Quality learning in higher education is an impetus and major objective for educators and researchers. The student approaches to learning (SAL) framework, arising from the seminal work of Marton and Säljö (1976), has been researched extensively and used to predict and explain students’ positive (e.g., critical reflection) and maladaptive behaviors (e.g., work avoidance). It is prudent for educators to cultivate and encourage students to actively construct and make sense of their own learning, rather than to simply memorize and reproduce contents for assessment purposes. In this review, we revisit and examine the SAL theorization within the contexts of higher education. We scope the importance of quality learning and propose three major elements in our discussion, which may foster deep, meaningful learning inclination: assessment strategies, the classroom milieu, and alignment of learning objectives. We conclude this theoretical article with an offering of issues for continuing research development. This focus, in our view, is significant as we believe the SAL framework is not robust in its explanation of students’ learning behaviors in different sociocultural settings.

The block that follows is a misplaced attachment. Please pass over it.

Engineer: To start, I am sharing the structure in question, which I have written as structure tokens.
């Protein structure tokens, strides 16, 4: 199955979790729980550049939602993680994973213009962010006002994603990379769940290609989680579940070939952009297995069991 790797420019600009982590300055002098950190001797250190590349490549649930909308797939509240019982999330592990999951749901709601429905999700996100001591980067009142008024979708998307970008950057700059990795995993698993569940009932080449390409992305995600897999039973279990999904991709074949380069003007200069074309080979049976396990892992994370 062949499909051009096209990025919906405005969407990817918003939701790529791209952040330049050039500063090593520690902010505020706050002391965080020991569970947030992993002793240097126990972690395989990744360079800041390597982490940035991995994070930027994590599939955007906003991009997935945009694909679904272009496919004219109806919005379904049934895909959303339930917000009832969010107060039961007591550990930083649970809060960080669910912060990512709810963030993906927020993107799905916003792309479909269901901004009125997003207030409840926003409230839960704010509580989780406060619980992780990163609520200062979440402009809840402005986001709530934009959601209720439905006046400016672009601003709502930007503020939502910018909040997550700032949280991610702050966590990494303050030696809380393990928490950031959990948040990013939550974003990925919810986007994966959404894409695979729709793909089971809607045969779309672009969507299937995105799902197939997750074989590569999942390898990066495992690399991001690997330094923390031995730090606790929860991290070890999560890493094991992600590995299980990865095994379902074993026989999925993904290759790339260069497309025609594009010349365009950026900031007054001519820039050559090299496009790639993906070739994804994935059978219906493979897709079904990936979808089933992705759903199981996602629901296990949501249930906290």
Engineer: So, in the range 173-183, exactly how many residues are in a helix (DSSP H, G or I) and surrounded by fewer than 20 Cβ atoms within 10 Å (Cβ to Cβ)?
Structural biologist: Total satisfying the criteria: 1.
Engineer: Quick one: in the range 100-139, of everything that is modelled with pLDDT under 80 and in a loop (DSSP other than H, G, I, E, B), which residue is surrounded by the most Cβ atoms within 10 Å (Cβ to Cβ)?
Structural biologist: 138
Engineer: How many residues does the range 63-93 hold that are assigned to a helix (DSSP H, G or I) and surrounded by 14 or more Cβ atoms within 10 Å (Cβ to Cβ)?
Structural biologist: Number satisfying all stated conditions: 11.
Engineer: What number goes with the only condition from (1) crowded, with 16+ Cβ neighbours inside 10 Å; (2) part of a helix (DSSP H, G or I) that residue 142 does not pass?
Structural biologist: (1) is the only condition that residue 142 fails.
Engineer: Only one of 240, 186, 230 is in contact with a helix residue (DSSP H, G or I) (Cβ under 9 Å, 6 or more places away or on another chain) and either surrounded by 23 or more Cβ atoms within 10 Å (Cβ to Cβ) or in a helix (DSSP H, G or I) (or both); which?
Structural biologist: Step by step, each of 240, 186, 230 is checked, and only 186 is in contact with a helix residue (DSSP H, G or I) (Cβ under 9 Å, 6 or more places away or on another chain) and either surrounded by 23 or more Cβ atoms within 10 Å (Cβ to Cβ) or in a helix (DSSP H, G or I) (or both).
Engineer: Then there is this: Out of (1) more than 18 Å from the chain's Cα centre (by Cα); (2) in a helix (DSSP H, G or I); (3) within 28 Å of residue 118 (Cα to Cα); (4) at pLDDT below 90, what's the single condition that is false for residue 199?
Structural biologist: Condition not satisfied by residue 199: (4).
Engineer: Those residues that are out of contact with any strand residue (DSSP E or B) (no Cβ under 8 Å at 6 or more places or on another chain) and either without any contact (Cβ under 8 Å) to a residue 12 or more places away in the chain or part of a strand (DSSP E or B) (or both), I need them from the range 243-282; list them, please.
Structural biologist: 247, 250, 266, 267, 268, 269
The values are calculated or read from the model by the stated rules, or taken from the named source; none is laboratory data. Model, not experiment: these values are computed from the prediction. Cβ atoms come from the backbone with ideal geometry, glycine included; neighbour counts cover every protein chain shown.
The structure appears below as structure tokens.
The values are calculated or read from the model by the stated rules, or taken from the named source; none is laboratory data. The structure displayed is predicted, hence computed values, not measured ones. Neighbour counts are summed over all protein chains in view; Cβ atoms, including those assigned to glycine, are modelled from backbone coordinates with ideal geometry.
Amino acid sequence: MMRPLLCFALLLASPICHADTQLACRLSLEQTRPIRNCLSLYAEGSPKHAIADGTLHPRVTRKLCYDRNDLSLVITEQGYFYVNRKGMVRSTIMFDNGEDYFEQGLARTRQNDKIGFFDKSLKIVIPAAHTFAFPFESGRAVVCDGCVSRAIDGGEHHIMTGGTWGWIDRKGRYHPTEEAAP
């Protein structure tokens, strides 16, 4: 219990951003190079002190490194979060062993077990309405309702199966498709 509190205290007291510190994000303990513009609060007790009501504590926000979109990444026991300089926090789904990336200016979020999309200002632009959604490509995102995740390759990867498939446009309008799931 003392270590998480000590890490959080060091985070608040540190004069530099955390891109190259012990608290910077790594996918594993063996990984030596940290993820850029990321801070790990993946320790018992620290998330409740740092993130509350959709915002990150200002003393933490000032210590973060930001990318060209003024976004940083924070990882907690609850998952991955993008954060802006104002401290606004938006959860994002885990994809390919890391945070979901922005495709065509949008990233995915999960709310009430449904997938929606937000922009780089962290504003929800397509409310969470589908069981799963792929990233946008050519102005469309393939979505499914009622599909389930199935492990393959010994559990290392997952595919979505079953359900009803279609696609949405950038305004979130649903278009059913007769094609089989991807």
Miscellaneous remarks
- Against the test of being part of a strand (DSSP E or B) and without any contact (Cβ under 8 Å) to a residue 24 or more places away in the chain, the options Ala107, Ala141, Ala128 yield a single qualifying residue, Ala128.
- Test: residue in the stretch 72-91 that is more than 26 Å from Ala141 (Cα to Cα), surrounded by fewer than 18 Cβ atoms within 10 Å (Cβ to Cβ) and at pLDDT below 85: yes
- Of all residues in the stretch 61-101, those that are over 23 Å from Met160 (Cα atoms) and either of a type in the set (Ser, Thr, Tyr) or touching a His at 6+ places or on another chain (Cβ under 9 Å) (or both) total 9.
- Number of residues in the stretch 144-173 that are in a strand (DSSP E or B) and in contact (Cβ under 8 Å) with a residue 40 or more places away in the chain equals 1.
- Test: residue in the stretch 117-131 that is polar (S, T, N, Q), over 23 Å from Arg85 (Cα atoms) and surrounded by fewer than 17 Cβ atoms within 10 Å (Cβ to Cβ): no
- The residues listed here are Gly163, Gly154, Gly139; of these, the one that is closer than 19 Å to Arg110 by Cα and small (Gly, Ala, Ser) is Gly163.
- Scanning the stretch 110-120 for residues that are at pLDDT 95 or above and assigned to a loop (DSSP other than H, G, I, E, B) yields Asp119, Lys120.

|Keywords:||theme: learning in higher education, Quality Learning, SAL, Tertiary Students, Continuing Research Development|
Associate Professor, School of Education, Teaching and Learning, Faculty of the Professions, University of New England, Armidale, NSW, Australia